The subject "motor vehicle" is not defined in the Act or in the Rules prescribed thereunder, nor even in Item No.16 However, it is defined in Item No.34 of the Central Tariff wherein motor vehicles are also subjected to excise duty at different layers. We may point out that both sides agreed that the definition contained in Item 34 can usefully be imported for deciding what is a motor vehicle even as for Item 16. We, therefore, reproduce the said item below:

Item No.34 - Motor Vehicles ------------------------------------------------------------ Item Tariff Rate of Duty No. Description ------------------------------------------------------------

34. Motor Vehicles- "Motor Vehicles" means all mechanically propelled vehicles adapted for use upon roads, and includes a chassis and a trailer, but does not include a vehicle running upon fixed rails- (1) Auto-cycles, motor cycles 10% ad valorem scooters, auto-rickshaws and any other three wheeled motor vehicles (2) Motor vehicles of not 25% ad valorem more than 16 HP by Royal Automobile; Club (RAC) rating (3) Motor cars of more 40% ad valorem than 16 HP by Royal Automobile Club (RAC) rating constructed or adapted to carry not more than 9 persons (3A) Tractors, including 15% ad valorem agricultural tractos (4) Motor vehicles, not 15% ad valorem otherwise specified Explanation- For the purposes of this item, where a motor vehicles is mounted, fitted or fixed with any weight lifing, earth moving and similar specialised material handling equipment, then such equipment, other than the chassis, shall not be taken into account.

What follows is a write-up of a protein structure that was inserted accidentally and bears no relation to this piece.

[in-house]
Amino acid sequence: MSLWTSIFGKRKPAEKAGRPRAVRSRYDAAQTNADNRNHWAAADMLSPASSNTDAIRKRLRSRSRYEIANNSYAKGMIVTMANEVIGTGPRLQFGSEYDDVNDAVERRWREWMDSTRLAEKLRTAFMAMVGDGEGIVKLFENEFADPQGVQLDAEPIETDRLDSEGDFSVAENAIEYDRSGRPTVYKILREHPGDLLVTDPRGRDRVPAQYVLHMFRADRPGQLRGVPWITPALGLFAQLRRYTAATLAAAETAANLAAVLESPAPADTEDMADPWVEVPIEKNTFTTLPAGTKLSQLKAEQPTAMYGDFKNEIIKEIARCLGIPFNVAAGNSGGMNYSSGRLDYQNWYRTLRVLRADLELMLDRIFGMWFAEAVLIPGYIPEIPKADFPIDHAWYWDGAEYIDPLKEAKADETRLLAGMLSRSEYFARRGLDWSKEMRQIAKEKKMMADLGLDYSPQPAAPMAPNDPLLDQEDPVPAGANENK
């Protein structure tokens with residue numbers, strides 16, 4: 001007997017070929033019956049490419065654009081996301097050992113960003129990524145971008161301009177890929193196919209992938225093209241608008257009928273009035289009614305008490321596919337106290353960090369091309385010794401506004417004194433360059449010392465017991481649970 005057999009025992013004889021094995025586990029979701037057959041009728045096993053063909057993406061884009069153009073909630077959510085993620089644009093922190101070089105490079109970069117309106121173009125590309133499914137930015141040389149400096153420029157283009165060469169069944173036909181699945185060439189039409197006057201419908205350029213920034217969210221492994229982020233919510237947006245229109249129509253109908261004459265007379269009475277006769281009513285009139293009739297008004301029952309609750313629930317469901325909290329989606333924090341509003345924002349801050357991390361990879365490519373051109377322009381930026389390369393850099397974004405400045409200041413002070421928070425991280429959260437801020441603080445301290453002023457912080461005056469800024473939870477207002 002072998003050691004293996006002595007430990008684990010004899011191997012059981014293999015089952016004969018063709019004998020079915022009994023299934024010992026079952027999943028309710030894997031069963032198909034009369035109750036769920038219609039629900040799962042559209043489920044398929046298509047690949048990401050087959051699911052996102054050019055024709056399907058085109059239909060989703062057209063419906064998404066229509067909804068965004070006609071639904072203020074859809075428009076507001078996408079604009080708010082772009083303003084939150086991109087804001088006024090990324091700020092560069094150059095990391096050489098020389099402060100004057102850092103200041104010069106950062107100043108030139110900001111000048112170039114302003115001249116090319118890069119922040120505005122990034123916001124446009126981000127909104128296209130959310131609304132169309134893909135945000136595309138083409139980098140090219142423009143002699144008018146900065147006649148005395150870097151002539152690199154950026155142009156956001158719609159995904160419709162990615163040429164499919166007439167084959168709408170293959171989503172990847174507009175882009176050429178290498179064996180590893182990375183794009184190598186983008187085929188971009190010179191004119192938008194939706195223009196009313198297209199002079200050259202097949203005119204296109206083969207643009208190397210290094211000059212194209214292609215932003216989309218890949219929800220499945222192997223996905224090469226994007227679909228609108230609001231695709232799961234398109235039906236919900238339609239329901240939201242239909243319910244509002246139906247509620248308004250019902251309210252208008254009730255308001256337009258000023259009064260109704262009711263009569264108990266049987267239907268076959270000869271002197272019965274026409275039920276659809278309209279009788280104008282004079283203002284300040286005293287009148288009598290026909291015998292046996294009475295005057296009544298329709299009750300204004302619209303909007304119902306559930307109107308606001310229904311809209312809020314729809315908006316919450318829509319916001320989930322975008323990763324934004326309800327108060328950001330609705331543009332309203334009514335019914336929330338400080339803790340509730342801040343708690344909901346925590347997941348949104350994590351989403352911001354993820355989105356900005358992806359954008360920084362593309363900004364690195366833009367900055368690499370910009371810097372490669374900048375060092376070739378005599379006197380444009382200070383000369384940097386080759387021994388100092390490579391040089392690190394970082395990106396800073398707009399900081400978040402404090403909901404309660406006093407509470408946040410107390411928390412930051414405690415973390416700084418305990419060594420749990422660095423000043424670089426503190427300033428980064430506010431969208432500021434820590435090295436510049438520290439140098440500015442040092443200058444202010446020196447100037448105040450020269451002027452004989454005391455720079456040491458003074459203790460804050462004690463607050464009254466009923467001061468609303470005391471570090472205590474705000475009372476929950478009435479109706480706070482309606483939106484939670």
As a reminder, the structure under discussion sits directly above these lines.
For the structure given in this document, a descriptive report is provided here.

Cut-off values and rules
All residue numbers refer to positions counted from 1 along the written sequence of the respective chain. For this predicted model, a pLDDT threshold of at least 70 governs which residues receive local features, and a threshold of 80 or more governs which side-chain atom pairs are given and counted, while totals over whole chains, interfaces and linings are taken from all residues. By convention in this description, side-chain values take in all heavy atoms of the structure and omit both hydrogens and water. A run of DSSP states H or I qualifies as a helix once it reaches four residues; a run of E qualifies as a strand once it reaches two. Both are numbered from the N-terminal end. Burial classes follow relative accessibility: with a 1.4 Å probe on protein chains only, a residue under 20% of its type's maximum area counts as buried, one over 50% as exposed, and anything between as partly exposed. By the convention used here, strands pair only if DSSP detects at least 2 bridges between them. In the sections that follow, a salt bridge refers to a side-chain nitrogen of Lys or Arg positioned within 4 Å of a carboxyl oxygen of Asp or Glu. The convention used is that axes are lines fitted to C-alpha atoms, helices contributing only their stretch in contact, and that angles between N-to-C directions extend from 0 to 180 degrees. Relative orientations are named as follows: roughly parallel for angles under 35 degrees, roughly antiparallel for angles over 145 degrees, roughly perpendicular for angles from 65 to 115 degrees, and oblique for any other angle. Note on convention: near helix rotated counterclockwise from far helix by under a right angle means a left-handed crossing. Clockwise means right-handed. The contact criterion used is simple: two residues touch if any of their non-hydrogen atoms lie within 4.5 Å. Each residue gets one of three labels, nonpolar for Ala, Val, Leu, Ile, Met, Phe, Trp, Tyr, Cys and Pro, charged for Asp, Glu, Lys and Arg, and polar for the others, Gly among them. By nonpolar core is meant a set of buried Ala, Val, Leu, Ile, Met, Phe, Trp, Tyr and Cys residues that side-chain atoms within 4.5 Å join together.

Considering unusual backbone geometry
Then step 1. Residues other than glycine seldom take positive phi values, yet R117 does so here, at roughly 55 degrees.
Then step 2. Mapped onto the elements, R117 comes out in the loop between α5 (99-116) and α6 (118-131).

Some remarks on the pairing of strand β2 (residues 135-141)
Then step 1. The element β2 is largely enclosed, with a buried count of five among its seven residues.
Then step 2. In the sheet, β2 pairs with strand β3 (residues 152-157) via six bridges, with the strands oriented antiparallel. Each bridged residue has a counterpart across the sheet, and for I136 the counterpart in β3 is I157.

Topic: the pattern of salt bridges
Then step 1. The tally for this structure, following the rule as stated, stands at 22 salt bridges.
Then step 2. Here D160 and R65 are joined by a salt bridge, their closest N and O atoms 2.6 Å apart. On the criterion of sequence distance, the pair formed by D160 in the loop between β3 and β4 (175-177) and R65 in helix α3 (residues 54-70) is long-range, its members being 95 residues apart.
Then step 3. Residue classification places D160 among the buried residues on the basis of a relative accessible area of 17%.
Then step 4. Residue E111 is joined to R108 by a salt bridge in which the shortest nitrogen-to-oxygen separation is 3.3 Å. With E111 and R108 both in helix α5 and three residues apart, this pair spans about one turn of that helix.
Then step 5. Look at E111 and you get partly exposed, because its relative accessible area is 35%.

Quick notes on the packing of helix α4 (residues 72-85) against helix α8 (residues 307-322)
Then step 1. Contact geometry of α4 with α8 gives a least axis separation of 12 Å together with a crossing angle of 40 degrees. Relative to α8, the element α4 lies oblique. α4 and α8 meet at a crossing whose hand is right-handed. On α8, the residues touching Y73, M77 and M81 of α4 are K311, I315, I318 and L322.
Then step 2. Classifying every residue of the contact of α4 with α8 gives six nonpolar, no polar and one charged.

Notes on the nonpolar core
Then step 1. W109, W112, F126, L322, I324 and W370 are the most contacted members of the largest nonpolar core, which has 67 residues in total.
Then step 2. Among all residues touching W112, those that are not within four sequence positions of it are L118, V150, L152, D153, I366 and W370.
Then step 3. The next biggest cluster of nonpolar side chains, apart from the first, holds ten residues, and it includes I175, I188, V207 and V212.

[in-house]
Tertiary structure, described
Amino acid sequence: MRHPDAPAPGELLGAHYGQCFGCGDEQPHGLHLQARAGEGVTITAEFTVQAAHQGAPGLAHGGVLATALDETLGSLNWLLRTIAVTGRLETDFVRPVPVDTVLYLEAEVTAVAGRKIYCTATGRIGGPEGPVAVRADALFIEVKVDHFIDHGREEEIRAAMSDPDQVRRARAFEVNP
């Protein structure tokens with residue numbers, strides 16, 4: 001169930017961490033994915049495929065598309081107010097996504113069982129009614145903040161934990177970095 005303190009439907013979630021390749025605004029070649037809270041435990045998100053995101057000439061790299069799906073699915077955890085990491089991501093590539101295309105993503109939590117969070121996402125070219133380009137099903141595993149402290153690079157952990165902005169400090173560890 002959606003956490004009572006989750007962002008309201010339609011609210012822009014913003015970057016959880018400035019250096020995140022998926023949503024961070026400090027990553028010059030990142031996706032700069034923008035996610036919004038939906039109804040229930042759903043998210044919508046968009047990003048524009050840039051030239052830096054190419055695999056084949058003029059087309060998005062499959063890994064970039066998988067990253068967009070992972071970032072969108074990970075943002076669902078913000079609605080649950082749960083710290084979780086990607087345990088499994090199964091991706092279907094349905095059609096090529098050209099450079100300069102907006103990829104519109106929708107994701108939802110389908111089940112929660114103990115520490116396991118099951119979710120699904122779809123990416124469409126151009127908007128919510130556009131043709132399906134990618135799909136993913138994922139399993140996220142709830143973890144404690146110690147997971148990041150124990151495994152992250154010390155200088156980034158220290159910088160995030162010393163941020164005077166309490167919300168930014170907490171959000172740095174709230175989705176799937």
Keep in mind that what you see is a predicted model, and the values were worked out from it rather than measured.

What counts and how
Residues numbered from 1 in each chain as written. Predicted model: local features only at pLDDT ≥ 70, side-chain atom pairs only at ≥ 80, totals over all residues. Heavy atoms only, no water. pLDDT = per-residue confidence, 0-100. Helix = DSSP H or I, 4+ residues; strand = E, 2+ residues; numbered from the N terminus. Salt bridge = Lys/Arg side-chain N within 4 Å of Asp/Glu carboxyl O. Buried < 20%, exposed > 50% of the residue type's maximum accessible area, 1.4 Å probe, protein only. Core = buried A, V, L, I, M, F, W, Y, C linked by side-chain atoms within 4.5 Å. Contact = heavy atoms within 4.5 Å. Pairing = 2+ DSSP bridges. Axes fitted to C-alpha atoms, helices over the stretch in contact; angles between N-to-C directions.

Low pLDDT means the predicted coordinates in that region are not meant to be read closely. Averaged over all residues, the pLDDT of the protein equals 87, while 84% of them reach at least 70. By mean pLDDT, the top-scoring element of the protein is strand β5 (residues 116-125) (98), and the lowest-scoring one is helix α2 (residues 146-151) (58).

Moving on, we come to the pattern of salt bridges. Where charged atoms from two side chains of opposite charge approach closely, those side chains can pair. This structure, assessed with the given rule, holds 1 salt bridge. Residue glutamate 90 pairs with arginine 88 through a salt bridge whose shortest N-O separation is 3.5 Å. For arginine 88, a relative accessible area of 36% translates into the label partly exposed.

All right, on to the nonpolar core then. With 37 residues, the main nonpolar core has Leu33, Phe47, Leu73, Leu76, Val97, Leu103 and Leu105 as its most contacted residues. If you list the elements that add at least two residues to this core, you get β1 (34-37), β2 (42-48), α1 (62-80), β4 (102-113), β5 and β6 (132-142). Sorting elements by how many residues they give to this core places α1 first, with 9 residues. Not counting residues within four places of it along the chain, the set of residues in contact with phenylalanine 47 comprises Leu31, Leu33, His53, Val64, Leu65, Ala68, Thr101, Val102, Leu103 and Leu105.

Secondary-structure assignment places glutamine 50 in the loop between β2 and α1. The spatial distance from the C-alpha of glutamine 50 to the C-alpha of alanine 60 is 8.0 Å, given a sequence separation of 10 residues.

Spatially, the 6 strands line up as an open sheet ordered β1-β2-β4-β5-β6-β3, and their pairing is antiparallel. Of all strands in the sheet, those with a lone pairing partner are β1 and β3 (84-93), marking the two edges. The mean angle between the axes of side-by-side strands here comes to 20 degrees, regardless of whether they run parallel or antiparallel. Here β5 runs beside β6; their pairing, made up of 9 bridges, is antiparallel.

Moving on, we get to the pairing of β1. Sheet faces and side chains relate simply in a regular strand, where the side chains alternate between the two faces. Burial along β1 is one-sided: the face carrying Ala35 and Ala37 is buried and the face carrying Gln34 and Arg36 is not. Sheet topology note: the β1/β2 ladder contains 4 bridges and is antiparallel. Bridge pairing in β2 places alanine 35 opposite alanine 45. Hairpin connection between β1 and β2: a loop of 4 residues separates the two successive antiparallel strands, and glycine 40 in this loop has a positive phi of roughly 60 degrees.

------------------------------------------------------------ Learned counsel for the Revenue contended on the strength of the above "Explanation" that additions fitted to a motor vehicle for equipping it to be used for weight lifting or earth moving etc. work would no render the basic motor vehicle different from a motor vehicle.

A Bench of two judges of this Court has considered the identical question in Dunlop India Ltd. vs. Union of India [1994 Suppl. (2) SCC 335]. Learned Judges approved the interpretation made by Government of India on the words "motor vehicles" in Item No. 16 mainly on two premises discerned form the description given in Item No.34 of the Tariff. First is that "agricultural tractors" are also included in Item No. 34 and second is that the Explanation in item No. 34 throws much light upon the precise meaning to be attached to "motor vehicles". Regarding the first premise learned Judges have observed thus:

"If it is held that agricultural tractors also are adapted for use upon roads notwithstanding the fact that they are principally meant for being operated and used on agricultural lands, it can equally be said that dumpers, coalhaulers, earth movers etc. are also adapted for use upon roads', though principally they are meant to be operated and used on construction sites." We do no think that inclusion of "agricultural tractors" in the list in item No. 34 can have such a decisive impact on understanding the scope of the words "motor vehicles". We bear in mind that sub-item (3A) was not in the original list in item No.34. (That sub-item and the Explanation in the item were later added by the Finance Act 1964).